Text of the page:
As I mentioned earlier, when we were launching Hatch, we were worked long days into the early hours on several occasions. If you need help and the option is available to you, ask friends and family. If you need certain skill sets, you can ask online or look at local listing papers and websites, offering to pay interns or students. Just don’t be a cheap, you get what you pay for.

    If you don’t have an office space yet, work wherever you can. If you have a laptop, that’s half the battle won. Take your office mobile and work out of coffee shops and cafes with free WiFi. If you have the room, put a desk somewhere in your house and treat that as your office. Or, use your laptop from a sofa. The key here is to have a space that is respected by you (and others around you) as a work space.

    At this stage, you’ll likely be bombarded with offers for things like Google AdWords, especially if you’ve registered for Google Places, which I highly recommend. However, before you go spending an awful lot of money on advertising or shiny new technology, take stock of where your company is at, and properly assess every outgoing.

  11. Ship Your MVP (Minimum Viable Product)
  12. Before you get hung up on writing every bit of content for your website, think about this: “What’s the minimum you can you launch with?” Why would you want to launch with a half finished site? Well, there are lots of reasons.

    Shipping your minimum viable product is a great way to bring something to market earlier than expected. As soon as you have something out there, you can start gauging reaction and perhaps even making changes to your strategy and approach as you discover new things about your customer base.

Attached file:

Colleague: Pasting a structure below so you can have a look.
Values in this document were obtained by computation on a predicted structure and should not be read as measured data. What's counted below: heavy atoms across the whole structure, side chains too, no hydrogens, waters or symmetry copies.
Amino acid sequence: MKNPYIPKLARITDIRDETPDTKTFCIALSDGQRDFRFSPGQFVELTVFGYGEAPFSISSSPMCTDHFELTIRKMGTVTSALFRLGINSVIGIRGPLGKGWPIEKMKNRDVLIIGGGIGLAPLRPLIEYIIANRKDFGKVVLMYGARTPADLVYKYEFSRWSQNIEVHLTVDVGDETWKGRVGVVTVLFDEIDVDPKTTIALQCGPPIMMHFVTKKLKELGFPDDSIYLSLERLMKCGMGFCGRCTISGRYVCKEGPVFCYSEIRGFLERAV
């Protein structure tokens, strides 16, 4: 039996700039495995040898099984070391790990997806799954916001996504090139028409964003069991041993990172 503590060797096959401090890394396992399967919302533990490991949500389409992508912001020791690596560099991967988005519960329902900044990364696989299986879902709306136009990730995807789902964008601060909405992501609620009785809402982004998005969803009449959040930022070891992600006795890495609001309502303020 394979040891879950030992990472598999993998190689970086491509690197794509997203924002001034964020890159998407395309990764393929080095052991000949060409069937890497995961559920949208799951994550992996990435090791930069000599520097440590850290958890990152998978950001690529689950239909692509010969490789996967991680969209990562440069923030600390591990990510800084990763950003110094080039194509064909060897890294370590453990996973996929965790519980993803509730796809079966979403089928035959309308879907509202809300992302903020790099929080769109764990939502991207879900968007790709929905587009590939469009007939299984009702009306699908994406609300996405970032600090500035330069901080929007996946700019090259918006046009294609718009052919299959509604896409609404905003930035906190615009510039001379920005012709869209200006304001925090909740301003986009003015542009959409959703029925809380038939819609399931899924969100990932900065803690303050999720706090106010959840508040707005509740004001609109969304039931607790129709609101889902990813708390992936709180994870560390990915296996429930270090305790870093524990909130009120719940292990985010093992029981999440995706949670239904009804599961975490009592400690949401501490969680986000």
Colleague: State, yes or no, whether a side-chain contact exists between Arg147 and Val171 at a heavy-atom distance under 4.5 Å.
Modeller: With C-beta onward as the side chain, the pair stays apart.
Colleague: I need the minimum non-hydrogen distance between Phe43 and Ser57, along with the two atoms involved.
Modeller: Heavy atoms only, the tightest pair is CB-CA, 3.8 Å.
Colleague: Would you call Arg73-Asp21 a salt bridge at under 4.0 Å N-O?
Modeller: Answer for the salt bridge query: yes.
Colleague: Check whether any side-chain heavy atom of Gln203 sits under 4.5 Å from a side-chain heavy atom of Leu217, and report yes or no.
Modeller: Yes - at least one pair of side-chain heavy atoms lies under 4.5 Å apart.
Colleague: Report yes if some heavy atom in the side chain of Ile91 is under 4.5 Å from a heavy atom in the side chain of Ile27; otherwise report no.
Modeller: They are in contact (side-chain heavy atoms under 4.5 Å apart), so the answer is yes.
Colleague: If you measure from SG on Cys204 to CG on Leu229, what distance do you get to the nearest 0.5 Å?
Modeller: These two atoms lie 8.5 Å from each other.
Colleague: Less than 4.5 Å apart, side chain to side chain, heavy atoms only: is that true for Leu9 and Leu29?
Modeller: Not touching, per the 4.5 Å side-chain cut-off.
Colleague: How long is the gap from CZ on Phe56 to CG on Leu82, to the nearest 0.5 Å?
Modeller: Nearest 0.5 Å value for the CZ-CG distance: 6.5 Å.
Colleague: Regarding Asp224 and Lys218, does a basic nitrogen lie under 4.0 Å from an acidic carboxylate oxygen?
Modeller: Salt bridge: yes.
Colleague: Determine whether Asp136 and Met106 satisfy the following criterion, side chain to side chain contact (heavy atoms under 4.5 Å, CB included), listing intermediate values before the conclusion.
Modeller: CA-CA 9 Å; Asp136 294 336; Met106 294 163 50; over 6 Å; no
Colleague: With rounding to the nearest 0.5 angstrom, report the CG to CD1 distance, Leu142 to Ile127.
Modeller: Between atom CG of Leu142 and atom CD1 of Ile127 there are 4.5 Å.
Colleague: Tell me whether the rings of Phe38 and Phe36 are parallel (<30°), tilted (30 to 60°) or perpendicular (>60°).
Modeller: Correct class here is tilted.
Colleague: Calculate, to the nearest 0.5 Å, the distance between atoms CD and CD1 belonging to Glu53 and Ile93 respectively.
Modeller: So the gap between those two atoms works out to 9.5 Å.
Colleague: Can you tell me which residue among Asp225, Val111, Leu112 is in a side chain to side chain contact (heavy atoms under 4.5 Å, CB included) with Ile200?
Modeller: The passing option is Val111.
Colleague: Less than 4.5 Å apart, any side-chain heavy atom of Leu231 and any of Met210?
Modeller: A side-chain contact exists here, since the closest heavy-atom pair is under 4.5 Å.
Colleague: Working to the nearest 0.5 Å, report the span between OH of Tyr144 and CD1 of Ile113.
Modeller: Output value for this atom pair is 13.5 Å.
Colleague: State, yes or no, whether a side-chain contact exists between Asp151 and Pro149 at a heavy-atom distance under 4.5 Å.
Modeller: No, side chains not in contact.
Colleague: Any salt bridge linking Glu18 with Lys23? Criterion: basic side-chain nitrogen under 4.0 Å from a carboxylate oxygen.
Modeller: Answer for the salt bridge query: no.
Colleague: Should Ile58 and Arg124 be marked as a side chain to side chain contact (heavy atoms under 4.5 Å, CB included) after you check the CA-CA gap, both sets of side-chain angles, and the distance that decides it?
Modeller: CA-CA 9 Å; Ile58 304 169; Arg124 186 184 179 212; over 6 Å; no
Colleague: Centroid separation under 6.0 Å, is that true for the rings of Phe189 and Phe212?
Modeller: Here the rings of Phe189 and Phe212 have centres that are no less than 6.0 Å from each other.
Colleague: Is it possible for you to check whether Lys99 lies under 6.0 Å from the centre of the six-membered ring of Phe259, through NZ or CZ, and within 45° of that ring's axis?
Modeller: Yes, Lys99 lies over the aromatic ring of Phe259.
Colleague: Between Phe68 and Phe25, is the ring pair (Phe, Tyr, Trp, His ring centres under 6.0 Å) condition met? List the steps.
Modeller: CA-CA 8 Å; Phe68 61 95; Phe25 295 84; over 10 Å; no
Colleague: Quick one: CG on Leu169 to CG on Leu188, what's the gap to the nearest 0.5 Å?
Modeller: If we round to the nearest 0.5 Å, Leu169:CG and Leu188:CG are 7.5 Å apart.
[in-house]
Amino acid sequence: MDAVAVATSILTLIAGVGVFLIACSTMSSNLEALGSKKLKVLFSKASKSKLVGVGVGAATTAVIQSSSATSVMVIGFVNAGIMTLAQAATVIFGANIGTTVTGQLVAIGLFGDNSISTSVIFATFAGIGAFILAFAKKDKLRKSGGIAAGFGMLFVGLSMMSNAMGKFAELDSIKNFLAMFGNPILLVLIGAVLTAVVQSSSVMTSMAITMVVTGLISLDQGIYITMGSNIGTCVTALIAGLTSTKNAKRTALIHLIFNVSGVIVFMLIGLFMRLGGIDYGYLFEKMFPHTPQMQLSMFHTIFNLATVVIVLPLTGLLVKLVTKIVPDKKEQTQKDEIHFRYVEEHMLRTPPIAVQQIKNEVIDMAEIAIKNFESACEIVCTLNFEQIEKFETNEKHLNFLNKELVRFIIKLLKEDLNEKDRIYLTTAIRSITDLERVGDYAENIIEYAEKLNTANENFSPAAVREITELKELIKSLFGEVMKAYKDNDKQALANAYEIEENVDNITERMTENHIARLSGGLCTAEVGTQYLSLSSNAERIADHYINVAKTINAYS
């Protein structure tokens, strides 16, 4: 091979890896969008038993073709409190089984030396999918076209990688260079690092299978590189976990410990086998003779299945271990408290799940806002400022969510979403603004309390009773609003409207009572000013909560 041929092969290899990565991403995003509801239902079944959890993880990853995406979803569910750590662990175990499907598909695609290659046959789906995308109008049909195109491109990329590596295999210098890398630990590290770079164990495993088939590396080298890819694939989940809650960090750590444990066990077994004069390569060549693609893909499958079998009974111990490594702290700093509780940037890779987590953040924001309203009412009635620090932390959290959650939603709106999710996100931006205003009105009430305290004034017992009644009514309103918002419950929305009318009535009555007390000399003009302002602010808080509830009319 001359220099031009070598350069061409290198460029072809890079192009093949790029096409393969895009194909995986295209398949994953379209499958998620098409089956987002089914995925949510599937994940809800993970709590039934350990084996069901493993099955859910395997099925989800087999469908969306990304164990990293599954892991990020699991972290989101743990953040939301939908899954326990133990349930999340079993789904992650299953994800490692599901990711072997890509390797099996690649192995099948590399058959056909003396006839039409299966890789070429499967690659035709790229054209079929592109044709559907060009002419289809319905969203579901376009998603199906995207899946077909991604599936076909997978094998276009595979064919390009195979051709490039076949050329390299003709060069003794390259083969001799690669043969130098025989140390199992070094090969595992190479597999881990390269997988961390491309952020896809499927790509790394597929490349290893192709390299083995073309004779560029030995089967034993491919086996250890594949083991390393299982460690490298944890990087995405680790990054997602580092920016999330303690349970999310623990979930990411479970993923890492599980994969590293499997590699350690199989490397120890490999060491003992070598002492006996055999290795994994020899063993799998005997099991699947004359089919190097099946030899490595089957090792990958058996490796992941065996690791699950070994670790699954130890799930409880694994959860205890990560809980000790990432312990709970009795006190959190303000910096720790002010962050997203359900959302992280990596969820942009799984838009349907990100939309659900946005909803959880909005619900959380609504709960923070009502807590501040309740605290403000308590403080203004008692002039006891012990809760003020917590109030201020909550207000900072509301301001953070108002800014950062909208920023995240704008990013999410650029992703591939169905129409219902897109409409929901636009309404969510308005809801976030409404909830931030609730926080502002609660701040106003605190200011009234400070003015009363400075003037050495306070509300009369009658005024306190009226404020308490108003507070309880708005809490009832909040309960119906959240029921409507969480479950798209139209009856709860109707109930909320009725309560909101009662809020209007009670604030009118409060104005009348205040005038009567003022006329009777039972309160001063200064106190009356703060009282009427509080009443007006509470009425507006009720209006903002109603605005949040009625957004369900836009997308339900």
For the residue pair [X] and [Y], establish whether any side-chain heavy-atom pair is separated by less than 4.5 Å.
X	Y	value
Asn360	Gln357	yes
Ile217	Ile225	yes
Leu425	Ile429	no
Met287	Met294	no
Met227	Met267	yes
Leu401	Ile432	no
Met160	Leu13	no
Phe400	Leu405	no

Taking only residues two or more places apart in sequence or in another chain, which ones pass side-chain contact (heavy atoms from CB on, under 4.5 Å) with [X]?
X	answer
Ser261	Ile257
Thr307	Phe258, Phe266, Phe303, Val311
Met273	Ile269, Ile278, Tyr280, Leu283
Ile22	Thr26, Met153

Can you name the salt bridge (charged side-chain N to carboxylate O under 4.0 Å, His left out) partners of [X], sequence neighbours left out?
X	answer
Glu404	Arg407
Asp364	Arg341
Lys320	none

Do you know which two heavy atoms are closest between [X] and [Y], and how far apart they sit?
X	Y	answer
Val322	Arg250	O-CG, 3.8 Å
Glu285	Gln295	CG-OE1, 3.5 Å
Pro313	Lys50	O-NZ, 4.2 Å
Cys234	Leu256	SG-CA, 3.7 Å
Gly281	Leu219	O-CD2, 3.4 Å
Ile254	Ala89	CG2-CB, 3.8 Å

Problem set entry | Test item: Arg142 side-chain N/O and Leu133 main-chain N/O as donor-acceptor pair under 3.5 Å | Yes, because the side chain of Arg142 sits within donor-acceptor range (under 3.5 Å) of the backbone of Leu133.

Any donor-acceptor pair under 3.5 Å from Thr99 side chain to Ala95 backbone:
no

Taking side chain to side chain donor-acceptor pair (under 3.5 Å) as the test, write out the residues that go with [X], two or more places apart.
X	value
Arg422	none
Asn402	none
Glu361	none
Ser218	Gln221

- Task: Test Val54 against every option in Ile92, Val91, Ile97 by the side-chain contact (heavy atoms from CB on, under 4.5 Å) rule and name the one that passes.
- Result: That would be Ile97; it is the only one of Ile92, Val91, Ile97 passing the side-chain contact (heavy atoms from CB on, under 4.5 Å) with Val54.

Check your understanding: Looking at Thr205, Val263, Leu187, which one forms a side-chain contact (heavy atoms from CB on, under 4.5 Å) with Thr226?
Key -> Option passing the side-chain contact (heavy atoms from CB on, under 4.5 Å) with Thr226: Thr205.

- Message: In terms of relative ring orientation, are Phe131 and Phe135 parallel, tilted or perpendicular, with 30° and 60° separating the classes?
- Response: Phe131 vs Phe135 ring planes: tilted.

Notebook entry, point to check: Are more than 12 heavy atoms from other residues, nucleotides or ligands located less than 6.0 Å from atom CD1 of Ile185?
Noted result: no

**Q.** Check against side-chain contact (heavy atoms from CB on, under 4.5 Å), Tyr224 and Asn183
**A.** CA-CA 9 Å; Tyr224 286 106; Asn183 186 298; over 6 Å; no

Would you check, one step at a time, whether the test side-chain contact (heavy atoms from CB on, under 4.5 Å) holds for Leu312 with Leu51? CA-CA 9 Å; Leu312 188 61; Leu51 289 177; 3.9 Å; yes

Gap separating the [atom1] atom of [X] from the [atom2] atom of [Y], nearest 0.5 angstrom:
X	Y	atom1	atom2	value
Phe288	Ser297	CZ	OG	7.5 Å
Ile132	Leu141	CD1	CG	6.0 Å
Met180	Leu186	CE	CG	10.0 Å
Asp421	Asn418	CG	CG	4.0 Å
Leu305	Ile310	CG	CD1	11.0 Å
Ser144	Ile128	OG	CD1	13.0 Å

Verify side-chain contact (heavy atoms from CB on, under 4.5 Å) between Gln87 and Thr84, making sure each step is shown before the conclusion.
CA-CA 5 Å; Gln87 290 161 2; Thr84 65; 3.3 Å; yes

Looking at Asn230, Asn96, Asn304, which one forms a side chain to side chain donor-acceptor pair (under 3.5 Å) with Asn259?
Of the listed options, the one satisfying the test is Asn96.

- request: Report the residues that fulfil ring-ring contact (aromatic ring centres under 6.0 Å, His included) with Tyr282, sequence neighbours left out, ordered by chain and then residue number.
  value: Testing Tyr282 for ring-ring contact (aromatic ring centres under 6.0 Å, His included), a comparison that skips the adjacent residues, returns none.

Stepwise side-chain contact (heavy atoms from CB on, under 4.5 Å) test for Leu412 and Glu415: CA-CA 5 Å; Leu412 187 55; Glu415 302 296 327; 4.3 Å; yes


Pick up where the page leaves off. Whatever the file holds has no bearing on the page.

Having a basic website up online is better than having no website at all. Imagine the amount of email addresses and social follows that you could gain by launching something ahead of schedule.

    Obviously, there’s a lot to be done once you’ve shipped your MVP. But, just getting something out there and into the public can alleviate feelings of stress and doubt. As soon as you put yourself out there, you’ve overcome one of life’s greatest hurdles: taking a risk. A lot of great projects fail because people don’t have courage. Don’t let your start-up be one of those projects.

    Business Man Marketing

  13. Start Marketing Your Business
  14. Marketing your business is cheaper and easier than ever before. With social media, you can reach out to your target audience directly. Search engine optimisation tools are better than they’ve ever been and content marketing is still going strong. Podcasts and video broadcasts are greats ways to make an impact too.

    Choosing the right social networks for your startup can be your key to success. Whether you market to Mums on Facebook or busy Silicon Valley entrepreneurs on Twitter, the social side of your marketing can play a pivotal role in your strategy. Social media brings you closer to your customers than ever before.

    Search Engine Optimisation may have come and gone in some people’s eyes. Google are working hard to stop the manipulation of their search engine through Black Hat SEO techniques. However, there are certain things you can do to your website to improve your chances and increase your visibility. You could get help from a professional, or read great marketing blogs such as Quicksprout, Moz and Backlinko to grow and improve your online marketing strategy.

    Content Marketing is another avenue to explore. If you have a strong opinion and it relates to your business, why not turn that into a great piece of content? Make sure you write great content for people, not search engines, to help you stand out on the internet. If you can create content that people enjoy, you’re likely to receive a high amount of social shares, leading to better marketing results.

    There are a huge amount of marketing strategies that you could try putting to use in your new business. Some of them cost more than others, but in the initial stages, think carefully about what you spend where. Look at the potential return on investment of any money that leaves your account.

  15. Inform the Media